Filasky utilizes home tools, makes Ceramics more accessible for students

Amy Wang, Web Editor

For students of art teacher Hayley Filasky, class usually consists of a short check-in on Zoom, and then an independent period of work—a far cry from the normal experience of working in the studio with classmates nearby. This new normal has come after extensive reorganization on Filasky’s part, especially since Ceramics and the other two art classes that she teaches are extremely hands-on.

“This year, when I heard that I was teaching Ceramics online, I initially thought that it wasn’t possible,” Filasky said. “I really had to brainstorm and reach out to other Poway teachers in order to figure out how we could make the class fun and affordable for students.”

These goals have been the basis for changes made to AP Studio Art, Ceramics, and Design and Mixed Media classes, as well as the preservation of elements that have stayed the same. Like before the pandemic, by the end of each class period, students are supposed to have finished that day’s assignment. Unconventionally, however, these assignments are usually demonstrated through Youtube videos filmed from Filasky’s own kitchen counter. These uploads have been the main form of contact between her and her students since the beginning of the year, besides sporadic drop-off and pick-up days where students receive their supplies.

“I was supposed to open up glazing to small groups of students in January,” Filasky said. “But then the board meeting happened and they shut down the school. The only time I’ve seen students face to face was when they dropped off their projects for glazing.”

Beyond just these differences, this year, students who had elected to take Ceramics, AP Studio Art, or Design and Mixed Media have also found themselves without the standard studio tools that they would normally have at their disposal. 

“The students each got a kit [to take home],” Filasky said. “They got clay in a Ziploc bag and some makeshift tools.”

Wheels, water buckets, and other conventional studio elements are all out of the reach of many students, so Filasky has done her best to bring supplements to her students, in the form of popsicle sticks, string, and other supplies that can be found at home. During class, the usage of household items, such as old pillowcases as a clay canvas, is also encouraged. Boards and old boxes are often repurposed for students’ home studios, as demonstrated by Filasky over YouTube.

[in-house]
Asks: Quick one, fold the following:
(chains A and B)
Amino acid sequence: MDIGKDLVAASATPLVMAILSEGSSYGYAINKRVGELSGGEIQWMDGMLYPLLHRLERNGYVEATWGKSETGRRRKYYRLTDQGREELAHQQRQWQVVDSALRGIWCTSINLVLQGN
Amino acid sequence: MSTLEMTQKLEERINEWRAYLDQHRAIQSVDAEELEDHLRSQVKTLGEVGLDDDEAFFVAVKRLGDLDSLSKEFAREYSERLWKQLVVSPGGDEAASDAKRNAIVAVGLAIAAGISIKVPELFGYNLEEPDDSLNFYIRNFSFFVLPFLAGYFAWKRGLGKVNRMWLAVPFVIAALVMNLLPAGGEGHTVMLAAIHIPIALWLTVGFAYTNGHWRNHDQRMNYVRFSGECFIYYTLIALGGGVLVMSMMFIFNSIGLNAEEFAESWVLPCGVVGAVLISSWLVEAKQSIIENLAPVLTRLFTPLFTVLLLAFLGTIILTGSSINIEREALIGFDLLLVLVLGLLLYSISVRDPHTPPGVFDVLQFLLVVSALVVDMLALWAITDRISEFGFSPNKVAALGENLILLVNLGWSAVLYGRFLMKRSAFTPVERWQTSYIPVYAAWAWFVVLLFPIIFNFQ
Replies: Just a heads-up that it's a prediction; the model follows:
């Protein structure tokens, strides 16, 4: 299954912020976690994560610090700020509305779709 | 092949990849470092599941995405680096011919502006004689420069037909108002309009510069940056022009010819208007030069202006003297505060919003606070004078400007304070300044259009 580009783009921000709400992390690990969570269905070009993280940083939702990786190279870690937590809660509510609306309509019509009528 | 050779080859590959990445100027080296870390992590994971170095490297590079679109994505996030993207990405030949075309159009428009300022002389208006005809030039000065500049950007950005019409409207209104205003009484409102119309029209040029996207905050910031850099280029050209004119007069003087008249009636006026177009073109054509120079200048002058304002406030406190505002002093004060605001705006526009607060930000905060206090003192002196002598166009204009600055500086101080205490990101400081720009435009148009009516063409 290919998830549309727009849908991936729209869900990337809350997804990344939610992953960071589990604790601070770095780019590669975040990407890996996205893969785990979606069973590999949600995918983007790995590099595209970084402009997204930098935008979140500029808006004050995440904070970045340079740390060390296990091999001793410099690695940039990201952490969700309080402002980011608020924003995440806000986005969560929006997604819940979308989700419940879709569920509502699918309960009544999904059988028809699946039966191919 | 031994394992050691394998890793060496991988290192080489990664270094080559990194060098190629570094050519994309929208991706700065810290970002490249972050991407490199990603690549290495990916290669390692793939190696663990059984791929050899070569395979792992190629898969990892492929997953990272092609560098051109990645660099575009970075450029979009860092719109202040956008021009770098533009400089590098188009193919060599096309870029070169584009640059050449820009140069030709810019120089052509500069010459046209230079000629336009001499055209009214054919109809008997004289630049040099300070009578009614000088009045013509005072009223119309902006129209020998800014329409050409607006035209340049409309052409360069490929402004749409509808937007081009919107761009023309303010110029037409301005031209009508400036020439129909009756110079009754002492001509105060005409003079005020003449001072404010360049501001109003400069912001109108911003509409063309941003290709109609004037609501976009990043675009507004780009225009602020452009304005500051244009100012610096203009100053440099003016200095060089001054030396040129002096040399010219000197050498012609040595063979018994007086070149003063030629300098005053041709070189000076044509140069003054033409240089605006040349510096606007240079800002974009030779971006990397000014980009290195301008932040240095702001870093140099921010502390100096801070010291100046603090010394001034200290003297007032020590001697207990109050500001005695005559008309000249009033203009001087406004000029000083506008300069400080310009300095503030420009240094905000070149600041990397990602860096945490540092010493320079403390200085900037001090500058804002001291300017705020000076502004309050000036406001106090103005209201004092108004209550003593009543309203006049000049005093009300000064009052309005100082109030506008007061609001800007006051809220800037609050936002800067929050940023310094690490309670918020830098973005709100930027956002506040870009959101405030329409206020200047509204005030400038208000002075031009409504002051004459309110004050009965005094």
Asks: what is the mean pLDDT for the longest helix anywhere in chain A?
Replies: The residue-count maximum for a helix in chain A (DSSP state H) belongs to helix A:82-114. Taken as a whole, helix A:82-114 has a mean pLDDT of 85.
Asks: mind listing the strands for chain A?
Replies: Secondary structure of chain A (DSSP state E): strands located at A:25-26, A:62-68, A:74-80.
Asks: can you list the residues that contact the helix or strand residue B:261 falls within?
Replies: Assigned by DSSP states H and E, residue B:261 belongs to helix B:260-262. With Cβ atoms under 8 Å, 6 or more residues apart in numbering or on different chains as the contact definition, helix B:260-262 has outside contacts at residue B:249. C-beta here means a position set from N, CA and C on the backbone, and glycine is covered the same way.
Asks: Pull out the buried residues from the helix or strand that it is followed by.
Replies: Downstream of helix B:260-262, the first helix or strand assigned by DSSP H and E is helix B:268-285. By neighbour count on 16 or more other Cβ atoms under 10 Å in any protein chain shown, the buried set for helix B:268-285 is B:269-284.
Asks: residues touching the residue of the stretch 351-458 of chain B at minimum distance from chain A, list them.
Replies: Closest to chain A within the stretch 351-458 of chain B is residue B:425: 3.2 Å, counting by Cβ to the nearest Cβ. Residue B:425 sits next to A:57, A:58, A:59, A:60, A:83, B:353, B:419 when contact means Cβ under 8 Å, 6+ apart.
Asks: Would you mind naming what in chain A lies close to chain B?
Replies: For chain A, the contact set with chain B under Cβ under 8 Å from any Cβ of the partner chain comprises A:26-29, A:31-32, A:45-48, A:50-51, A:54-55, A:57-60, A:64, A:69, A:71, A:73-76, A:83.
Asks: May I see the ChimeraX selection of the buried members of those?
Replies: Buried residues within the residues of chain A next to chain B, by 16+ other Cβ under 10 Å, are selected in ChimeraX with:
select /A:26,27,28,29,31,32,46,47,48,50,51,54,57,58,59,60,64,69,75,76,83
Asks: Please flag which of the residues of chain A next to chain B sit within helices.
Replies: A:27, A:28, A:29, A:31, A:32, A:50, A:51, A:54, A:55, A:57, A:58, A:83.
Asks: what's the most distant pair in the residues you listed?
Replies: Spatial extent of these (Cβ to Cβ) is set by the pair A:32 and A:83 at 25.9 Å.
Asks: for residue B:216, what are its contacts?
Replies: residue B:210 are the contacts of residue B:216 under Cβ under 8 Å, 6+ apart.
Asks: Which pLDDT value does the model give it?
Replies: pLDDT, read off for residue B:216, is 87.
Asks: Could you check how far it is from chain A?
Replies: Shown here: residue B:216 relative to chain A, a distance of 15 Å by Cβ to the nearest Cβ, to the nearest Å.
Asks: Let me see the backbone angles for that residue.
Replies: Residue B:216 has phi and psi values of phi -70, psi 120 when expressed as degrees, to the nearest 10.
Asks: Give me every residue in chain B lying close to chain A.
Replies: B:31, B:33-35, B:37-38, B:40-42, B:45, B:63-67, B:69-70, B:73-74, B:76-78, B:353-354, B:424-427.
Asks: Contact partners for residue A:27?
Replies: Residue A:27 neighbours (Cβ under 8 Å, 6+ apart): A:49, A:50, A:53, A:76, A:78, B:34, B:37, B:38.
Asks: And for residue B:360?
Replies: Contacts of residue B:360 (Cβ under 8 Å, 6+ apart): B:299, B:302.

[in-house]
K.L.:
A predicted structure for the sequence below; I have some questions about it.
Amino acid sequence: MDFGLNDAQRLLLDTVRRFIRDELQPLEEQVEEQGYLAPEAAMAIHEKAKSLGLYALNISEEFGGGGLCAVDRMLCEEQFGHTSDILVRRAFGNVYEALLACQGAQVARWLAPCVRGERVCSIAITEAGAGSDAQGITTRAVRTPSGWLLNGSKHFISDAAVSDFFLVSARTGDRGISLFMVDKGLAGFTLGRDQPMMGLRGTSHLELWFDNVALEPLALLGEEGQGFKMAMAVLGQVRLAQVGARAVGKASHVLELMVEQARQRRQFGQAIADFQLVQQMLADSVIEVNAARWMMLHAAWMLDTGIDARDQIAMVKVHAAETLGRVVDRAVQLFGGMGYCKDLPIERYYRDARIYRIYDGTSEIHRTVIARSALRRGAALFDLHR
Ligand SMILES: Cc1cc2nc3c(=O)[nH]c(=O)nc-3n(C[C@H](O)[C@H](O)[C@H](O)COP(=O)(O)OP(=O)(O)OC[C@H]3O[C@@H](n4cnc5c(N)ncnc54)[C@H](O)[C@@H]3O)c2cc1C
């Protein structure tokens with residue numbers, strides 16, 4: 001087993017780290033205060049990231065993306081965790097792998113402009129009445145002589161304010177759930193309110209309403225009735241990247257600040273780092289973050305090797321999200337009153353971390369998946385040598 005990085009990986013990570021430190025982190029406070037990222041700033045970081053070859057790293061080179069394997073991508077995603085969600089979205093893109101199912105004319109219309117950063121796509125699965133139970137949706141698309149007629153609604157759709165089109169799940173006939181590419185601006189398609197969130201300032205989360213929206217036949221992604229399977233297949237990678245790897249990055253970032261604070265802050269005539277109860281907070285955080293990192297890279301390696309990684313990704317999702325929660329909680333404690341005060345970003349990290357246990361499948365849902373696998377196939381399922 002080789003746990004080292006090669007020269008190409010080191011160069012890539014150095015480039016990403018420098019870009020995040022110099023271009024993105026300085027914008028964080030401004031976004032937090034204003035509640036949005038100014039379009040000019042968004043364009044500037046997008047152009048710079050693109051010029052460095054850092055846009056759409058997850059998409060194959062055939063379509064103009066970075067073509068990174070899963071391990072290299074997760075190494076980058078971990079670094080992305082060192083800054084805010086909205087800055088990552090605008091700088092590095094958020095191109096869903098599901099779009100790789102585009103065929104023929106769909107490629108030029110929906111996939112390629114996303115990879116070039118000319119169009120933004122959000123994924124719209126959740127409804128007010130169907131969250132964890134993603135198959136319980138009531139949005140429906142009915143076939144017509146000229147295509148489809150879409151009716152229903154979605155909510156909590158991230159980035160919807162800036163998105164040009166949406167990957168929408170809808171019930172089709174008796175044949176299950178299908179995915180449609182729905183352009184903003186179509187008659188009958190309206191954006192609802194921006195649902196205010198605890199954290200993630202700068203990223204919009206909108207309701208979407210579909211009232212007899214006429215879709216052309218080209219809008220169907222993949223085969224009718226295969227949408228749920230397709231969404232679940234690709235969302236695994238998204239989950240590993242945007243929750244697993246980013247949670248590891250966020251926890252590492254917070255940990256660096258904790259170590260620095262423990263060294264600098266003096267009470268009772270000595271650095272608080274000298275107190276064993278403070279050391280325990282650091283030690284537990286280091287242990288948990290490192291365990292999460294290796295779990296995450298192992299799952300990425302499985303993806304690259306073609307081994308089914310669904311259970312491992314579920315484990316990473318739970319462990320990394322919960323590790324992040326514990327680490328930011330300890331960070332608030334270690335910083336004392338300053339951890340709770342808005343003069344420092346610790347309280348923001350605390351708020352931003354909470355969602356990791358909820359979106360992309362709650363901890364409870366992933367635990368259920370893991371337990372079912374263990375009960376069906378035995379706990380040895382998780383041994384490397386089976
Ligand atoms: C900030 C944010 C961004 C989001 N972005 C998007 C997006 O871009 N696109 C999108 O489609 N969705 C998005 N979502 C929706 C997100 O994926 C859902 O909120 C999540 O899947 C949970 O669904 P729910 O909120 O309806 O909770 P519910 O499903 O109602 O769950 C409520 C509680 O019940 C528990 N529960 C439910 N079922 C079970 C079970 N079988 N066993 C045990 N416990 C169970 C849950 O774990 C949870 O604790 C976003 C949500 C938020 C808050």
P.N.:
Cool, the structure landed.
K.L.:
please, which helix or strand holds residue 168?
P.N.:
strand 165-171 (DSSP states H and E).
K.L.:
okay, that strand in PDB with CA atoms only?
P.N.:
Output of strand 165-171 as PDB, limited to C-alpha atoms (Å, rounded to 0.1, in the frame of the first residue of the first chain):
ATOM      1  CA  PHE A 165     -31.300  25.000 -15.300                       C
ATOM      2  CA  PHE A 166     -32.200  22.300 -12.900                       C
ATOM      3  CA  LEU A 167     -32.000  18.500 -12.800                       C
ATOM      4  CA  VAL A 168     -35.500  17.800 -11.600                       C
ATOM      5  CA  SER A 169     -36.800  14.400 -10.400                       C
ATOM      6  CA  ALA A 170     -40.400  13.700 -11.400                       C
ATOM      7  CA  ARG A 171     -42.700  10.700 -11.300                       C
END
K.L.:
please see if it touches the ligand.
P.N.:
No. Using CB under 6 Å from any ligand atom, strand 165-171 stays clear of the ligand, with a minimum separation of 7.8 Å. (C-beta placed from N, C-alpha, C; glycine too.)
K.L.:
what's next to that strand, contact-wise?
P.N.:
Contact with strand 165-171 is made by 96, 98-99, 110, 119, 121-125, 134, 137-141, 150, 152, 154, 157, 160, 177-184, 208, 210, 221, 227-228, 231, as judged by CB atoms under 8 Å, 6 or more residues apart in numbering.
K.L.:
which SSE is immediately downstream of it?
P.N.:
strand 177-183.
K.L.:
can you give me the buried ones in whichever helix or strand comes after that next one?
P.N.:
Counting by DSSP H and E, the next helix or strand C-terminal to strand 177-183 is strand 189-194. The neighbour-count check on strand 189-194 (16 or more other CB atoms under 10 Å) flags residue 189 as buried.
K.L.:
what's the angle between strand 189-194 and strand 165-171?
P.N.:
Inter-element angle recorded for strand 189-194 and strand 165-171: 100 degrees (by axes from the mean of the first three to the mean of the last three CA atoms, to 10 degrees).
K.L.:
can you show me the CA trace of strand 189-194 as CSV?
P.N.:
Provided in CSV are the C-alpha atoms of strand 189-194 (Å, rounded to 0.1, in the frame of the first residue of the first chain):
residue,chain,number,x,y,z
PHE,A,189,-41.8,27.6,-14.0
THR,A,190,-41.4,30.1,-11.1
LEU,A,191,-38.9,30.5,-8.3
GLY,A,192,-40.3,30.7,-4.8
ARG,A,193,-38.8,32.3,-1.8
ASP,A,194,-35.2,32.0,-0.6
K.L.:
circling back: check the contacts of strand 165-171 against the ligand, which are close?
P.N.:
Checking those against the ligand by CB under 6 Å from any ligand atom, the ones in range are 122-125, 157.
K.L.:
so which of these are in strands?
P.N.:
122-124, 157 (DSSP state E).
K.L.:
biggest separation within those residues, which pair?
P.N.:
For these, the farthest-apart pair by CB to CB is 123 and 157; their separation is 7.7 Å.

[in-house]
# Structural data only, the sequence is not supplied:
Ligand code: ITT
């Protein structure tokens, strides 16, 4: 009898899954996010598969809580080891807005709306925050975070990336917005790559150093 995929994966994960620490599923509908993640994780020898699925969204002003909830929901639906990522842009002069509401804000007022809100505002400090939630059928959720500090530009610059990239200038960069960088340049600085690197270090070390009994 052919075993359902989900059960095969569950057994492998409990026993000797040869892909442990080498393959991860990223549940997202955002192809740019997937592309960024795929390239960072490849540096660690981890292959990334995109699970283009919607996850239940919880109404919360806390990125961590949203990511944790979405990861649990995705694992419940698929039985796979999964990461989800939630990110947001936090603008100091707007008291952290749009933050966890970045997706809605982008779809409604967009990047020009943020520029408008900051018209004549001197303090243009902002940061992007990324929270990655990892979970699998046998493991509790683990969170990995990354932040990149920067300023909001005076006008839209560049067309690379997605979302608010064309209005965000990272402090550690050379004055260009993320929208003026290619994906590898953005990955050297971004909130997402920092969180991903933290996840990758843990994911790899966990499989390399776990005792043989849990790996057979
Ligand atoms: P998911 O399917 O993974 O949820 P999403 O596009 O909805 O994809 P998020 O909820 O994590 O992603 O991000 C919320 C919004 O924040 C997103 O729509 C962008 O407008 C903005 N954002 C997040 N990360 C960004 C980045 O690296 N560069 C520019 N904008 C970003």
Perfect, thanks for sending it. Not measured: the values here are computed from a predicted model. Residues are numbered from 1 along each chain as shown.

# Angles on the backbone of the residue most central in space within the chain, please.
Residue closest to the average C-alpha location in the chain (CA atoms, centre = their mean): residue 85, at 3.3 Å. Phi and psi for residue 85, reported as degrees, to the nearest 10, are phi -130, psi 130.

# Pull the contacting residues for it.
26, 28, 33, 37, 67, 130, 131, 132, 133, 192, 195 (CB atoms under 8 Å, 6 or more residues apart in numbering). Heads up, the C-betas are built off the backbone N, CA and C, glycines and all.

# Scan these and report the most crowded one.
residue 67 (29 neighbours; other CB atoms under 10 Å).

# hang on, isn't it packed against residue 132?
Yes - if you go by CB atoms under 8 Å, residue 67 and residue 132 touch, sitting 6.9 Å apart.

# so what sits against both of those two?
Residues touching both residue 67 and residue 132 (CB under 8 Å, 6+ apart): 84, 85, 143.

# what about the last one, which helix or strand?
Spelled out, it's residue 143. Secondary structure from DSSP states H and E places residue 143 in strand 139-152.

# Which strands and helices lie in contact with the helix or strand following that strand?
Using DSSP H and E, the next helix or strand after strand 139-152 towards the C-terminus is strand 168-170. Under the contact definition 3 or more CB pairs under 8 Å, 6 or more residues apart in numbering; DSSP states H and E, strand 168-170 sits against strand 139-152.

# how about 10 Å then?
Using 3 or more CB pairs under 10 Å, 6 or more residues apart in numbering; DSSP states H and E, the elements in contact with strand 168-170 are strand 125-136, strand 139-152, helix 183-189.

“[In the videos] I’m working with the same exact craft sticks and skewers and makeshift tools that my students are,” Filasky said. “I try to make things as real as possible, in order to show them that it’s completely possible to make art without full access to a studio.”

Despite workarounds, however, there has been no way to properly supplement the experience of glazing, which is a finishing touch that has been fused to a ceramic body through firing. Glazing usually renders earthenware vessels suitable for holding liquids, but many ceramics students have had to go without in this aspect.

“Usually, we would be glazing all the projects,” Filasky said. “But to distribute the different glazes to 120 students times 20 projects was just too complicated, so this year they’re only required to do at least one project glazed.”

As difficulties for students have arisen, Filasky has taken each issue as it came up. One problem that she’s still working on solving is bridging the lack of collaboration between classmates.

“They can’t see what other people are working on,” Filasky said. “So finding little problem-solving tips for the issues that pop up has been difficult.”

This has been a common experience for many students, including Norah Nguyen (12), who has a second period Ceramics class.

“I think it’s a lot more of individual work and learning,” Nguyen said. “Because the teacher isn’t with you the whole time, so there’s more trial and error to figure out myself.”

Filasky’s main solution to this so far has been opening up communication and encouraging students to come to her with the problems that they have through email and Canvas. 

“That first month and a half were really challenging,” Filasky said. “Especially since I was teaching the fundamentals of the class. But now that we’re moving into projects, it’s been a lot more manageable.”

So far, her adjustments seem to have been successful, especially in facilitating her classes as a point of relaxation for students who might otherwise be on-screen for four periods straight. This has held true for Nguyen, who considers even the class time troubleshooting to be an added bonus.

“I do find it more fun [when I have to figure certain things out myself],” Nguyen said. “Overall, I think [the class] is especially convenient, because being able to take a break from other work any time of the day is really nice.”

Filasky has said that she hopes to maintain this balance, especially in moving forward into the second term.

“There are some pros and cons to [online teaching],” Filasky said. “Some of the students are spending more time than they usually would in an 80-minute class period. It’s nice to know that people can still find comfort in creating, especially now.”